“The highest stage of simulation is when we create a Digital Twin, a 3D replica of an actual operation,” he says. “With a Digital Twin you get to run an operation in real time, before the system has been implemented or gone live. Direct inputs from warehousing systems can be fed into the 3D simulation, and we can create a virtual reality that is very accurate and replicates the actual system that is being implemented. These models are great for running detailed operational simulation scenarios for insights ahead of time. But they’re also great for virtual onboarding – a person starting tomorrow can put on 3D goggles and figure out where in the warehouse the restroom is.”

While some vendors only simulate for ideal conditions, Fuzzy LogX simulate for practical, real world scenarios.


“Most people aren’t doing Digital Twin level simulation, or even lower-level simulations” says Jeffrey. “A lot of people are still doing scenario modelling or analysis on a spreadsheet. But we want to scream the virtues of simulation from the rooftops!

“As things get bigger and more complex, decision makers are really putting their necks out there,” he adds. “While vendors may provide a simulation or schematic on a high level – perhaps with some minor bottleneck analysis – to prove their product works in ideal settings, with our simulation models we actually factor in real-world considerations, like how long it takes a person to walk from point A to point B.” 

Jeffrey says that simulations are becoming critical in ensuring the smooth running of a warehouse, but that companies will struggle to automate every aspect of their warehouse. 

“You’ll only automate some component of it – whether that be pallet storage or picking or something else. The vendor might simulate the blackbox automation that they’re installing, but what if it’s all the surrounding processes that create bottlenecks?” asks Jeffrey. 

This, he notes, is where Fuzzy LogX comes in with its client-side simulations. The company focuses not just on the black box process, but also everything else in the warehouse. Unlike the vendors who supply the systems, it is brand-agnostic when it comes to what simulation software it uses, so it can focus on maximising its clients’ operational readiness rather than abstract system readiness.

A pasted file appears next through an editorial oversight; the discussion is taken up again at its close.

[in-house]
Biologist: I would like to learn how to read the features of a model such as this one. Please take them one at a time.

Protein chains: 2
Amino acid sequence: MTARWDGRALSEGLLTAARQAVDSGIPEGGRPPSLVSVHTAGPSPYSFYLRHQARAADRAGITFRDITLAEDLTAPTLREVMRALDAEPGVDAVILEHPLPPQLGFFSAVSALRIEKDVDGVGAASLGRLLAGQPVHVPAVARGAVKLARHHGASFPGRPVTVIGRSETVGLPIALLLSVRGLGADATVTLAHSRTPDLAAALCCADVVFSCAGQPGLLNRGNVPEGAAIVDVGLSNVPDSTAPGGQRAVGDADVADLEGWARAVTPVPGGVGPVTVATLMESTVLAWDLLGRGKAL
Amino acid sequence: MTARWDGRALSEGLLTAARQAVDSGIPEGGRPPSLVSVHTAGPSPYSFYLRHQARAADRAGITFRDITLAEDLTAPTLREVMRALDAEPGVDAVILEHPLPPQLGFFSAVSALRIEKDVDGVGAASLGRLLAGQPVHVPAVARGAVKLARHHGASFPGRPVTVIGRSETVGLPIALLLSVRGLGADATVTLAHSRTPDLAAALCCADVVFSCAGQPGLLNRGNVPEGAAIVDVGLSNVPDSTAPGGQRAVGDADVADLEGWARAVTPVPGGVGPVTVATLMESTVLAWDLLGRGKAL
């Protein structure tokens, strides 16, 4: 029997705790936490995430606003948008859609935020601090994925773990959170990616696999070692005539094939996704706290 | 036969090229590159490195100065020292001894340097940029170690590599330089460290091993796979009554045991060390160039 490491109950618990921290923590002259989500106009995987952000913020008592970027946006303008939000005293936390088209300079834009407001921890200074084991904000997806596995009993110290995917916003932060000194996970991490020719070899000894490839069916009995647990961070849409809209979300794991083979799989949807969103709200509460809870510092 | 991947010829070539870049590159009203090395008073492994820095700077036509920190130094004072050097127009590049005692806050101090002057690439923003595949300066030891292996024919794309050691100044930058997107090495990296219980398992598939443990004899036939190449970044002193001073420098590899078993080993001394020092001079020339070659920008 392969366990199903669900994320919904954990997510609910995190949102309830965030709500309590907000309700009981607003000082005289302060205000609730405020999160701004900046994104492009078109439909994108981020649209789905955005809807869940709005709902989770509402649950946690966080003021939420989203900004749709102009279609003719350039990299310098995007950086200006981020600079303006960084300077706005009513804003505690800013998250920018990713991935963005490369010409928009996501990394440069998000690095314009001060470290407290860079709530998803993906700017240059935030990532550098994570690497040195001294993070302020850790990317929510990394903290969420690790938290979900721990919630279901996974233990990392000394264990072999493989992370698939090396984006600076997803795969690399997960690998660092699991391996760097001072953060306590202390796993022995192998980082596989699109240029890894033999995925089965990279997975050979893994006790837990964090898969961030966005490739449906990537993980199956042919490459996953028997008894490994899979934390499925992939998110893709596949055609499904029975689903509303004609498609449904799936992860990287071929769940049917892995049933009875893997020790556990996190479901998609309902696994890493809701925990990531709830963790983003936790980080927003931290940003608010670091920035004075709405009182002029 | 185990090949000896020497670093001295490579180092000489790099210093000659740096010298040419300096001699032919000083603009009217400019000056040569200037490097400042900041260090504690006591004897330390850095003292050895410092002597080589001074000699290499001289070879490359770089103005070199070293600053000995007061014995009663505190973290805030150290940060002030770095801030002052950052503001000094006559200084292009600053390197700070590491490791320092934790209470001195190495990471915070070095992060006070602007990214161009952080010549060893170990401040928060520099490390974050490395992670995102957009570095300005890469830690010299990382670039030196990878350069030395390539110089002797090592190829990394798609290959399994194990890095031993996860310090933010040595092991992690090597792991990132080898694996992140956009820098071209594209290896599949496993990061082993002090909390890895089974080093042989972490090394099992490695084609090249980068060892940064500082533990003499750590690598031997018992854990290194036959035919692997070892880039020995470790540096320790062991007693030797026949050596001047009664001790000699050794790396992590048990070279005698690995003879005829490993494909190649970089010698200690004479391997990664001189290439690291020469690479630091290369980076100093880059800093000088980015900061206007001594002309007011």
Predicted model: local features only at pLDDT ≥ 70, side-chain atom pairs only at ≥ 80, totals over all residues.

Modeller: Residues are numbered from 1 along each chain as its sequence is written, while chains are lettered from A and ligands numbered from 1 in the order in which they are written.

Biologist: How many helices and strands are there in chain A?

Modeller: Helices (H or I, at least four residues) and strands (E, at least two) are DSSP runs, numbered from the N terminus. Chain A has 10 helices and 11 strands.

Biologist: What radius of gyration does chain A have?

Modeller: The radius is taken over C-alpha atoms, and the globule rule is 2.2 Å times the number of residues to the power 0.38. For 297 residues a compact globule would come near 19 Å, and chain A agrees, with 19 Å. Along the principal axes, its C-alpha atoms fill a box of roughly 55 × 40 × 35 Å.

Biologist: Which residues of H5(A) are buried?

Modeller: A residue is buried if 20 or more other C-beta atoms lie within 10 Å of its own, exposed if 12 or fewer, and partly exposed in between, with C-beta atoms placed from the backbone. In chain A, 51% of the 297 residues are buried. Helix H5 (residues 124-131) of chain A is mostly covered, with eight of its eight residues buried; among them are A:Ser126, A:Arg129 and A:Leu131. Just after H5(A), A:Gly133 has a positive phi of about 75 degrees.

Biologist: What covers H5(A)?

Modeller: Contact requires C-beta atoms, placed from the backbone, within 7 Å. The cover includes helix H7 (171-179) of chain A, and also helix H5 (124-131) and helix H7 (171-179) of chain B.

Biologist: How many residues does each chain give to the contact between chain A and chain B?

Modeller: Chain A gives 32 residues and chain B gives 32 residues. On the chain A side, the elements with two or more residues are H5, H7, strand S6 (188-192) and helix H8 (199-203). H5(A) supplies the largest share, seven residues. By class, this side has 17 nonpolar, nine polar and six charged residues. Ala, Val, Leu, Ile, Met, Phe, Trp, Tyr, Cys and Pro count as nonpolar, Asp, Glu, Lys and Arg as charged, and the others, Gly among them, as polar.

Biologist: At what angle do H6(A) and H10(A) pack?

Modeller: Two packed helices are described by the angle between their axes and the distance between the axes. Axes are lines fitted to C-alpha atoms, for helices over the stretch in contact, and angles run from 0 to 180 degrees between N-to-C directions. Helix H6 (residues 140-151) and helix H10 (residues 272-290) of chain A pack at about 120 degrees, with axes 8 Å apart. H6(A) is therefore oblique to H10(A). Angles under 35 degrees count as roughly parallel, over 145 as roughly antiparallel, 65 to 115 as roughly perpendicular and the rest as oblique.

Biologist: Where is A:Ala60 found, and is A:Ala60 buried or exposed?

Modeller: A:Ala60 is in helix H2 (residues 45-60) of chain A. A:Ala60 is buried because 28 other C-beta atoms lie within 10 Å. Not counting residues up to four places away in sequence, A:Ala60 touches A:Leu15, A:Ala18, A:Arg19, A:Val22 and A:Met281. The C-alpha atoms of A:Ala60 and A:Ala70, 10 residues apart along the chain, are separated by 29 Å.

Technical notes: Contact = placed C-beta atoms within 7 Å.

“Although to give credit where it is due,” Jeffrey notes, “I must say that we have achieved a lot of success designing simulations with Glenvern Associates and their ‘Emulate3D platform – which is an incredibly powerful simulation engine. They’re really amazing at building a virtual twin world.”

He says that Fuzzy LogX goes above and beyond to develop a playbook for a system in advance of its implementation, when it’s still offline.

“I like to call it ‘wargaming’,” he says. “So, if you’re going to run a promotion like Black Friday, or you need to simulate COVID conditions, we can game for that scenario and tell you: ‘This is what will happen, and this is how you can deal with it.’

“And although the concept of testing still plays a vital role – with our capability for cutting-edge simulation, only validating a system’s limitations through testing after something has been installed starts to seem a bit antiquated,” Jeffrey says. “With simulations we can fix the problems before they even occur.”

And while simulation – particularly 3D Digital Twin simulation – is high tech, Jeffrey believes it’s really a way of making things simple. “We work with mum-and-dad online retailers all the way up to companies with billion-dollar supply chains,” he says. “From one shed to a hundred sheds.

“It might be true that a picture tells a thousand words, but a simulation tells the whole story. It changes the game completely because you know a system’s strengths and weaknesses in advance, and can play to the former while avoiding the latter.”

For more information on Fuzzy LogX, click here.